dams, which could also pose societal and financial risk, be prioritised for future detailed investigation? To answer these questions a quantitative risk assessment approach was used. The approach utilised expert engineering and consequence panels and included input to and review of the process and outcomes by a stakeholder reference panel reporting directly to the Board of G-MW. The implementation of a strategic risk management process has now begun to progressively and systematically reduce the dam safety risk across the entire dams portfolio. This process recognises that available funding for risk reduction measures is very limited, so the highest risks are reduced in an incremental fashion to achieve interim risk targets and eventually meet contemporary dam safety standards.
Pieter van Breda, Alison White, and Greg Carmody
Site works on the $150 million Warragamba Dam Auxiliary Spillway project commenced in March 1999 and were completed in June 2002. Successful interaction with the local community, to achieve an equitable outcome, has been a feature of the communications strategy for the project.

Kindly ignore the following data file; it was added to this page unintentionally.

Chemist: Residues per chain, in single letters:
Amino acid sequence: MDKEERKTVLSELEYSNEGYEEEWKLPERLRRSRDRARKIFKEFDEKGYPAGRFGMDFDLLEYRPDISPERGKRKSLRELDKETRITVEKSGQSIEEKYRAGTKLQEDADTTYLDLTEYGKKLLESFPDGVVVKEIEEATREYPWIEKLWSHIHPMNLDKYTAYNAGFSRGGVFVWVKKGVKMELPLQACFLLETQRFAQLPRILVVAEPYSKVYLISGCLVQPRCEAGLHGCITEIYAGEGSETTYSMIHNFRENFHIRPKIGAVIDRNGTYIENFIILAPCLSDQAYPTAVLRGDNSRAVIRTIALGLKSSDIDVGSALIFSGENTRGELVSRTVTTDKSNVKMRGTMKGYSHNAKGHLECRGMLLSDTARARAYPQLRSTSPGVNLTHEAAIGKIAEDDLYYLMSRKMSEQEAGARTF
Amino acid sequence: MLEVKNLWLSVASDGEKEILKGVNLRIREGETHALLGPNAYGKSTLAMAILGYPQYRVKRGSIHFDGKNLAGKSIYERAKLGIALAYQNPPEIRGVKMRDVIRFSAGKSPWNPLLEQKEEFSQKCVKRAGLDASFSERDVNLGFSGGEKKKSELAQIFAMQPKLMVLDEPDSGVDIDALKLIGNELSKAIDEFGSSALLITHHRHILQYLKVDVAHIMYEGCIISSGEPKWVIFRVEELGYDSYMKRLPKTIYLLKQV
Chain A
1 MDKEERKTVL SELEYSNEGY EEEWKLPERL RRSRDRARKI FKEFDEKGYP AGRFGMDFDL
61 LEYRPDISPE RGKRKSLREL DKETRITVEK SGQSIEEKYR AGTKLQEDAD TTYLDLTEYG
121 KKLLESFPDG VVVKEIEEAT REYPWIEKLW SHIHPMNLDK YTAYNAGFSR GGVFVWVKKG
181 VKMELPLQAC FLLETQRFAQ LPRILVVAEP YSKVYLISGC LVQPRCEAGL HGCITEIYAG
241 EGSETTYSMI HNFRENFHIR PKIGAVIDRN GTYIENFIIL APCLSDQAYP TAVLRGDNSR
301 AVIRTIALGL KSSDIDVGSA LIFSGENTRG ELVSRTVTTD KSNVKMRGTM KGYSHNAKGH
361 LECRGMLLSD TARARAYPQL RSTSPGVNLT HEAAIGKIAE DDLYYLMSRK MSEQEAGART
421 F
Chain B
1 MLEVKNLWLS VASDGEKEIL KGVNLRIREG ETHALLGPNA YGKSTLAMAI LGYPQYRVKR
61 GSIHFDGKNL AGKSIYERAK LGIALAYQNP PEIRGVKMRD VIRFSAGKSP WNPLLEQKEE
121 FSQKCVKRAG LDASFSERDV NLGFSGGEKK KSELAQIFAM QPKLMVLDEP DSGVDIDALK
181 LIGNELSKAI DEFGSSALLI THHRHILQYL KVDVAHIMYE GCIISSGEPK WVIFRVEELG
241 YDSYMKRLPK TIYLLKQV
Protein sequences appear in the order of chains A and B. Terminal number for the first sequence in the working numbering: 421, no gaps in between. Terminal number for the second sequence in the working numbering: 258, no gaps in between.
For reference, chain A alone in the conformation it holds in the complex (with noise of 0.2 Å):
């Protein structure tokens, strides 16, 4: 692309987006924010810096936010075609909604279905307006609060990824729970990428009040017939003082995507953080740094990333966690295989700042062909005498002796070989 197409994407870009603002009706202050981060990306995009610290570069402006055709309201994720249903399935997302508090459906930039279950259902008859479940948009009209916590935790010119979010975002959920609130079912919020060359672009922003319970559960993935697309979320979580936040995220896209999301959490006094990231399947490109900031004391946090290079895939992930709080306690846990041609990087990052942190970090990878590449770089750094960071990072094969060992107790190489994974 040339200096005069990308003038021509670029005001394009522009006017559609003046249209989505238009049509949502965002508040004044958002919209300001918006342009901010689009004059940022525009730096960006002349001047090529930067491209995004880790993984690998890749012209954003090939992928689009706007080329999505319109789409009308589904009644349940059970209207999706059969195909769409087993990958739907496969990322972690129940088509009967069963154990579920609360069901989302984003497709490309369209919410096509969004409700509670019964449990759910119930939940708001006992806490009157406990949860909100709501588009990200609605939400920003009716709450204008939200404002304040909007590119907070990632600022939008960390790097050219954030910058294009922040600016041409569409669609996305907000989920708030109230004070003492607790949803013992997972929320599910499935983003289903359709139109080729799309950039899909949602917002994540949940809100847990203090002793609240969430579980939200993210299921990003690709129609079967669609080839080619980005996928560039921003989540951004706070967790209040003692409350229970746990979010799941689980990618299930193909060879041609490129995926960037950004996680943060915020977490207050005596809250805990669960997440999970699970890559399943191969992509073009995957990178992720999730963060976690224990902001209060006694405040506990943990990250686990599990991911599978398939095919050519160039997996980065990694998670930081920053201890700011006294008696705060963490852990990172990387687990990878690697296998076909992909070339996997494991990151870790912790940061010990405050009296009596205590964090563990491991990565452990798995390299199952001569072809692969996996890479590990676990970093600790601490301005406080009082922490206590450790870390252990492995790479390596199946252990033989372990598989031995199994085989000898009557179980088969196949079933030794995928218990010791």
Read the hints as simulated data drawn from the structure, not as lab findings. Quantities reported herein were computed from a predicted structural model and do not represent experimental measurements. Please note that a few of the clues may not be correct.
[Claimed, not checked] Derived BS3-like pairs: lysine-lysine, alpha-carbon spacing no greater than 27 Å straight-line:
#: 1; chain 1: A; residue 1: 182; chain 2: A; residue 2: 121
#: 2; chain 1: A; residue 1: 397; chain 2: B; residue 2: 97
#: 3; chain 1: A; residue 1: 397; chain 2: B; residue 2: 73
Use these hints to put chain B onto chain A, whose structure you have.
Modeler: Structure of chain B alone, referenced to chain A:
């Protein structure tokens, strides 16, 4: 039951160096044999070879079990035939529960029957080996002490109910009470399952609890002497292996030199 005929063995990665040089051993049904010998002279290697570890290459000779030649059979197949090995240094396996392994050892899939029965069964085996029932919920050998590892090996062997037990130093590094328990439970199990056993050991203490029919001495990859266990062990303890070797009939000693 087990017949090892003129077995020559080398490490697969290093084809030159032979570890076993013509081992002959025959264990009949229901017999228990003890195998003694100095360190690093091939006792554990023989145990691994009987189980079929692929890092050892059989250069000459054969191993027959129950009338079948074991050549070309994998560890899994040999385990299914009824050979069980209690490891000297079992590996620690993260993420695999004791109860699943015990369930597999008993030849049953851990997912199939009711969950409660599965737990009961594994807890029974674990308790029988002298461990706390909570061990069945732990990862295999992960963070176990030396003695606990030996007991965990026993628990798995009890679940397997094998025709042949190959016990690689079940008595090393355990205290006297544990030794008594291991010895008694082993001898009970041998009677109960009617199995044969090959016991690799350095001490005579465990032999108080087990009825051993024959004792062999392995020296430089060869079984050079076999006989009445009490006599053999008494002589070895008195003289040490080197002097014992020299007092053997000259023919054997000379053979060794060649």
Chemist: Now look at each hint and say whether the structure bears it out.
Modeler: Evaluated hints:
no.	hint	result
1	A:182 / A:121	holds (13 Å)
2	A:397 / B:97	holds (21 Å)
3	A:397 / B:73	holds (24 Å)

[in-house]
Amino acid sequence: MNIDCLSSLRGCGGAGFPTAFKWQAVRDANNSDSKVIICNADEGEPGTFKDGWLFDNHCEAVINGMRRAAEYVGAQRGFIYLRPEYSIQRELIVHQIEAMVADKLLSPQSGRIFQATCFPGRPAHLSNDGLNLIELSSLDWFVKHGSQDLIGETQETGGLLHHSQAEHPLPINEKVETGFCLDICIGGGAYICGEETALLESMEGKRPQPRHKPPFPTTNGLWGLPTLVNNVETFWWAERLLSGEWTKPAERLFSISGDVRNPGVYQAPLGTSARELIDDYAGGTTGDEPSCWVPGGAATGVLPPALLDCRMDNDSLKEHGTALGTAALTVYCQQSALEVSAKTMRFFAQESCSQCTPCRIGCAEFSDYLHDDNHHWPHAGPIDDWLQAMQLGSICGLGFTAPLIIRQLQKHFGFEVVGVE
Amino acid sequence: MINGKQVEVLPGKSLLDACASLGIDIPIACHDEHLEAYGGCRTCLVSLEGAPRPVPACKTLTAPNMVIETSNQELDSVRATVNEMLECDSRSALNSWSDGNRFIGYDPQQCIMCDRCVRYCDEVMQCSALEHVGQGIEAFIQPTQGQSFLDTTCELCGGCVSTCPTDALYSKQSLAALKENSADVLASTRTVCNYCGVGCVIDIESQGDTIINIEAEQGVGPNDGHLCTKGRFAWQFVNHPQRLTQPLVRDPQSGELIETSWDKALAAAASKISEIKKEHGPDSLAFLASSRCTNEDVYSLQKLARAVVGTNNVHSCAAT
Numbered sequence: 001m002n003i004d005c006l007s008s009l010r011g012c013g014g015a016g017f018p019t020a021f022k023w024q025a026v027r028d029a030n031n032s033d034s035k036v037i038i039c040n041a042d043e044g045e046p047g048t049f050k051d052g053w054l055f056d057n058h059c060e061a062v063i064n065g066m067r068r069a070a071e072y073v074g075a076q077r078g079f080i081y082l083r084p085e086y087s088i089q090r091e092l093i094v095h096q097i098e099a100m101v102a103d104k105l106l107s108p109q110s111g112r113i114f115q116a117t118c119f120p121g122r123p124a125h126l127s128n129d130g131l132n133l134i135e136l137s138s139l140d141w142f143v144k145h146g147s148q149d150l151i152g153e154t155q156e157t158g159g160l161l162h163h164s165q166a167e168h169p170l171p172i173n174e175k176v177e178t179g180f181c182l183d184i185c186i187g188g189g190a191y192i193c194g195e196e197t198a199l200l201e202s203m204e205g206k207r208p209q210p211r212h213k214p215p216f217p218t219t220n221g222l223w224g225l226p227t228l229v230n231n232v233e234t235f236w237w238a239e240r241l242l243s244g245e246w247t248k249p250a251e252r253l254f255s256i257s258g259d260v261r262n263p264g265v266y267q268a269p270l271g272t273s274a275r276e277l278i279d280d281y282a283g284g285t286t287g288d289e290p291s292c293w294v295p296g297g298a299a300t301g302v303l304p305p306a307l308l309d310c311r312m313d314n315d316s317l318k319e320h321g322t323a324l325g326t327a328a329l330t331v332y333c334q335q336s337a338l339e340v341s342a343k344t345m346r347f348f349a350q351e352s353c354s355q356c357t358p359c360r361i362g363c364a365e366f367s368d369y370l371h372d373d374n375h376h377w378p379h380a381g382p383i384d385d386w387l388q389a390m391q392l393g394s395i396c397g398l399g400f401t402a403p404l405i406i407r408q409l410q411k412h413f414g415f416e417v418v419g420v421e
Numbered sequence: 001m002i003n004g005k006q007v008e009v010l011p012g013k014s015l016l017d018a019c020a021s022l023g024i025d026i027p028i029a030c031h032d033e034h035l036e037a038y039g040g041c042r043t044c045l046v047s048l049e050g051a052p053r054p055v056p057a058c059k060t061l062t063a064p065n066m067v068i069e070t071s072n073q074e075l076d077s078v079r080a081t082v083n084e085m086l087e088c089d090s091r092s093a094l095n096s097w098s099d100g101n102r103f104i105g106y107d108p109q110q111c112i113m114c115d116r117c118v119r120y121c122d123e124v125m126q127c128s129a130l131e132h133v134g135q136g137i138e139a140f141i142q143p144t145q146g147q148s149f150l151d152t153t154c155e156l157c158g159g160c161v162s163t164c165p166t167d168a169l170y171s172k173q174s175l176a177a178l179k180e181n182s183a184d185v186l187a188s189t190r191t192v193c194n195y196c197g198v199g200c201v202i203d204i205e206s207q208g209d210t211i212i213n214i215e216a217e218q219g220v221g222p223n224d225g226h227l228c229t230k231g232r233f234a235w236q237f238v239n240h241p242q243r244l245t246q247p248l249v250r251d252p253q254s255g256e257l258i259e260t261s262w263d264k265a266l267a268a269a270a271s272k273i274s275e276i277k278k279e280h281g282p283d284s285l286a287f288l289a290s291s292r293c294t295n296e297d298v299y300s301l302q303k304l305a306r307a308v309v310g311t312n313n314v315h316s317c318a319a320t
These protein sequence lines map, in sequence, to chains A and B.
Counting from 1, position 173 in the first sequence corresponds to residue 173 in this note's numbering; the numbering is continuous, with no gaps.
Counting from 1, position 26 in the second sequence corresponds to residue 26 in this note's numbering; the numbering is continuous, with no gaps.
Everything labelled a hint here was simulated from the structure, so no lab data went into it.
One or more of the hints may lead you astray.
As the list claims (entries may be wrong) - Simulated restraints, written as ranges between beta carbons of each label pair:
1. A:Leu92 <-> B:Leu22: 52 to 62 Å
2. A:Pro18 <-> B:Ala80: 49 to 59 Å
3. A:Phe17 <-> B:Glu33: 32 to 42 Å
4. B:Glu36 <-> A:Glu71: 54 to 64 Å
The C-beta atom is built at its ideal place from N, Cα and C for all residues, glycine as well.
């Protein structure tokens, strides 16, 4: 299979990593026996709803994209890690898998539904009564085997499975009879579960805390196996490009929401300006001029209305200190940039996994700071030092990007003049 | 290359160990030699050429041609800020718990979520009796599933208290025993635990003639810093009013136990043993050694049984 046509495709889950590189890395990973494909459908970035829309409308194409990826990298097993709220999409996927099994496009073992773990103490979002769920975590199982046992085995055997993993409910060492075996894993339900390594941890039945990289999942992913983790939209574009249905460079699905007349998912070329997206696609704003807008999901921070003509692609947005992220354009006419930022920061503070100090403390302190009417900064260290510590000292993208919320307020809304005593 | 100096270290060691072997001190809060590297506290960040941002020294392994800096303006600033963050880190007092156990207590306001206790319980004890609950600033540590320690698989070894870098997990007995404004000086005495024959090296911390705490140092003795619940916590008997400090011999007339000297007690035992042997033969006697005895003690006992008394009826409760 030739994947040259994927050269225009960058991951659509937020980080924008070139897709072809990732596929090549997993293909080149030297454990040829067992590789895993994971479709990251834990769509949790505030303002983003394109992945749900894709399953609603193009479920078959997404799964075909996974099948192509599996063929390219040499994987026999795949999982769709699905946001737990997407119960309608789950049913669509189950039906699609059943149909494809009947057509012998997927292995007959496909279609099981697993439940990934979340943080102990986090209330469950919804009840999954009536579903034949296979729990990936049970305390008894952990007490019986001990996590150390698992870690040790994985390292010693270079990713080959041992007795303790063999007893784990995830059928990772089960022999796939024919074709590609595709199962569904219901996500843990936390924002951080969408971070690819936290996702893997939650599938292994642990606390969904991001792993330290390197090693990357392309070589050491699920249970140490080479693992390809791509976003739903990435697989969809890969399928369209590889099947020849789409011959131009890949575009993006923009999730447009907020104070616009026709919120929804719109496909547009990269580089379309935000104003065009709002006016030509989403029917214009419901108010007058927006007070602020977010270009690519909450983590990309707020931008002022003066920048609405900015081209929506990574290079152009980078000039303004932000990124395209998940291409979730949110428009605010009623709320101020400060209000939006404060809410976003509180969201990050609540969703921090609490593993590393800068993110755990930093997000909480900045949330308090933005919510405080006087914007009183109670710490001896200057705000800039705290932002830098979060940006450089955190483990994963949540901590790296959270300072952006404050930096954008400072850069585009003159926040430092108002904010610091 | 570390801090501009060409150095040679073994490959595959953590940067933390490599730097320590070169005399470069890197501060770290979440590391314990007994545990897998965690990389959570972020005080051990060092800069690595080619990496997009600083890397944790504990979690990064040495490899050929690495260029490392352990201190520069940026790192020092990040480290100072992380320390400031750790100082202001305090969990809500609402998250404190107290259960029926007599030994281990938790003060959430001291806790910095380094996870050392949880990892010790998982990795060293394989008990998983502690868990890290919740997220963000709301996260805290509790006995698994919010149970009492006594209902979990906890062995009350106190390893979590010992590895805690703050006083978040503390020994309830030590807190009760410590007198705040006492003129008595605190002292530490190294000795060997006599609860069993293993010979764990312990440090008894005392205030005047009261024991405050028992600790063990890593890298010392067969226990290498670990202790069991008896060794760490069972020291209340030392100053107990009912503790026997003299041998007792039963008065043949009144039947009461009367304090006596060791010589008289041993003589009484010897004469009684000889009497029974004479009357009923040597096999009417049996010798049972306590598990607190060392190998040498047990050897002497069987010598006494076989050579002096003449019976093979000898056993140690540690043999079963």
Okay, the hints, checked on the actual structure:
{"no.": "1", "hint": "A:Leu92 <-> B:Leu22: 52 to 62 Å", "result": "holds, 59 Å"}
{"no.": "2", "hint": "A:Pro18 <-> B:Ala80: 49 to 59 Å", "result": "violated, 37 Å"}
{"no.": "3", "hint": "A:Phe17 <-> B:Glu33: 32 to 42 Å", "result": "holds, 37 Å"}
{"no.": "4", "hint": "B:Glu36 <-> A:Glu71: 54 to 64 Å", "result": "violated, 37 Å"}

The Auxiliary Spillway is located close to the village of Warragamba, a township of approximately 2,000 residents. The closest residence is about 200 metres from the site. The EIS and subsequent planning documents identified key localised environmental impacts that the project would impose. The main concern of local residents, including a local action group, was the impact on their amenity during construction of the Auxiliary Spillway, particularly in relation to noise, vibration, dust and traffic.